Oilfield services provider Schlumberger said it would reduce its operations in Venezuela due to payment problems, a further sign of the cash crunch facing the OPEC nation because of weak oil markets.
Venezuelan state oil company PDVSA, the exclusive operator of the country’s oilfields, has built up billions of dollars in unpaid bills to service providers as a result of cash-flow problems.
“Schlumberger appreciates the efforts of its main customer in the country to find alternative payment solutions and remains fully committed to supporting the Venezuelan exploration and production industry,” the company said in a statement.
“However, Schlumberger is unable to increase its accounts receivable balances beyond their current level.”
The company said the reduction will take place through this month, allowing for a safe wind-down of operations.
Schlumberger (SLB) in 2013 gave PDVSA a $1 billion credit line to allow it to continue delivering services despite the accumulating debts. It took a $49 million loss last year due to Venezuela’s currency devaluation and another $472 million in 2014 for the same reason.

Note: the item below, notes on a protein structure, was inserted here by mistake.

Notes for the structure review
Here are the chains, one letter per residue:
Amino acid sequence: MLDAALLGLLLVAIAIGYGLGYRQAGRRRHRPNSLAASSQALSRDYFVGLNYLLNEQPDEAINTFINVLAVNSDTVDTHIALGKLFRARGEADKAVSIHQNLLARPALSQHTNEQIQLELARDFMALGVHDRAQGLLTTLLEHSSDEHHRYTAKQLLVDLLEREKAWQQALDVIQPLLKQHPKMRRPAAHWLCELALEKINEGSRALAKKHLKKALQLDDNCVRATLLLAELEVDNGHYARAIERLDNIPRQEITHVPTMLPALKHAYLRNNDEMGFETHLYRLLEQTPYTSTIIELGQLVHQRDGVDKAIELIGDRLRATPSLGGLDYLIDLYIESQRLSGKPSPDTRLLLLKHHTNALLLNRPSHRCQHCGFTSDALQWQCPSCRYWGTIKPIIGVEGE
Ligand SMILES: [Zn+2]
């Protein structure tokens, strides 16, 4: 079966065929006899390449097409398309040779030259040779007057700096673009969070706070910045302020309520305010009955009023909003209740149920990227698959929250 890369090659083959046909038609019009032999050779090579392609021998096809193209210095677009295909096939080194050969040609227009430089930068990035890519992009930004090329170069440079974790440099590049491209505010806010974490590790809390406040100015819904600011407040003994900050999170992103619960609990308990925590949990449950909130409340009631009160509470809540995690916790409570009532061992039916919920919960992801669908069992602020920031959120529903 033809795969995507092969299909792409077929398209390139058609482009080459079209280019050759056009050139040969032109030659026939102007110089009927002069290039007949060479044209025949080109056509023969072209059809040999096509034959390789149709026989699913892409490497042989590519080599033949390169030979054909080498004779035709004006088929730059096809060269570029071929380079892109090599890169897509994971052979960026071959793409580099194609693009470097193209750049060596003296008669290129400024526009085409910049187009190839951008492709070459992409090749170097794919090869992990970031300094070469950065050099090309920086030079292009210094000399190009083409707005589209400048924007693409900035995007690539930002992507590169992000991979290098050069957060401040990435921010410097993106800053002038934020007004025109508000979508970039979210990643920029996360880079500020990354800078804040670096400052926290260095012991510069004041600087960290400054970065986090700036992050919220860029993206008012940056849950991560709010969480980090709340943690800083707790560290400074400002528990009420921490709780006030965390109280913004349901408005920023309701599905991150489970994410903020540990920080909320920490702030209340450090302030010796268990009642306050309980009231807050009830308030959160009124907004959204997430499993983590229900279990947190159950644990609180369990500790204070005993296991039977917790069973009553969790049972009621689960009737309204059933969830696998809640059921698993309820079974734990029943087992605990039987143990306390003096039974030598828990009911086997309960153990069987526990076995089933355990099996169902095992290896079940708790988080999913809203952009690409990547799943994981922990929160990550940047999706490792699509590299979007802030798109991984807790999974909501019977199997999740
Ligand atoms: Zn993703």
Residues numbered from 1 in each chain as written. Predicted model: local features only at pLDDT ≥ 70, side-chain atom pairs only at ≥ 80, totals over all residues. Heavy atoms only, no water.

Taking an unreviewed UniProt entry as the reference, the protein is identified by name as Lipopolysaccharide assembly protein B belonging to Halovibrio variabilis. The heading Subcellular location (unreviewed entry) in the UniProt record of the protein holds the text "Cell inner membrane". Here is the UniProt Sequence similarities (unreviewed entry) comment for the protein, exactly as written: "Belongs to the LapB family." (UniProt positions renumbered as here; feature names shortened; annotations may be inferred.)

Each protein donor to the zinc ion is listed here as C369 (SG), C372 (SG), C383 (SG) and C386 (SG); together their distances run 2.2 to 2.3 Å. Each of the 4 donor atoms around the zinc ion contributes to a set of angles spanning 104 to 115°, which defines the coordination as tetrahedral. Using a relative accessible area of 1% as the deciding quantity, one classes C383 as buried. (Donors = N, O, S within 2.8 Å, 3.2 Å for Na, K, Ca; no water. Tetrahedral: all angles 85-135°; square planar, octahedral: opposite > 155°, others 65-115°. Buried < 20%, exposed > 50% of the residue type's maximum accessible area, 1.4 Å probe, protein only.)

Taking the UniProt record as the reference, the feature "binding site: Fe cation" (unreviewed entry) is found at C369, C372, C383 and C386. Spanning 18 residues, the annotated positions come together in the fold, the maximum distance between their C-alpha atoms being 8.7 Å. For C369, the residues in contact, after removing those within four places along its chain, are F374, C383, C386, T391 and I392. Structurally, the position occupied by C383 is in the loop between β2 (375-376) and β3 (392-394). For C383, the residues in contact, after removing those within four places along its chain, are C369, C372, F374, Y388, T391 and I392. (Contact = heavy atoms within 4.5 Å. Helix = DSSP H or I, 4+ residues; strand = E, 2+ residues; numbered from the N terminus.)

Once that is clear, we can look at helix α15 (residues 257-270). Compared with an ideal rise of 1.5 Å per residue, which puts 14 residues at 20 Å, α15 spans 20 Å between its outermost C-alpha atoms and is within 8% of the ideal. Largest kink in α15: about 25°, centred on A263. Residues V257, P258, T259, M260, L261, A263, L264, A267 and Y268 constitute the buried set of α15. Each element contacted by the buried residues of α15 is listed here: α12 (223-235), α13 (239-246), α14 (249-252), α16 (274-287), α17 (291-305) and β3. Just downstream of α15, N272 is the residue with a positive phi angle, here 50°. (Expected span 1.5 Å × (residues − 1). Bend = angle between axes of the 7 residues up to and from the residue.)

PDVSA in a statement said it “categorically denies information reflected in certain international media regarding a supposed reduction in operations by services firm Schlumberger, Ltd.”
It added that “additional work required by the corporation will be distributed to other companies that provide similar services,” without elaborating.
A slew of major U.S. corporations have taken sizeable writedowns for their Venezuela operations due primarily to a steadily weakening currency.
Schlumberger, which in March forecast a 15% drop in first-quarter revenue from the fourth, reaffirmed the $6.5 billion forecast on Tuesday. Houston-based Schlumberger’s shares were up 2.3% at $75.55 in extended trading.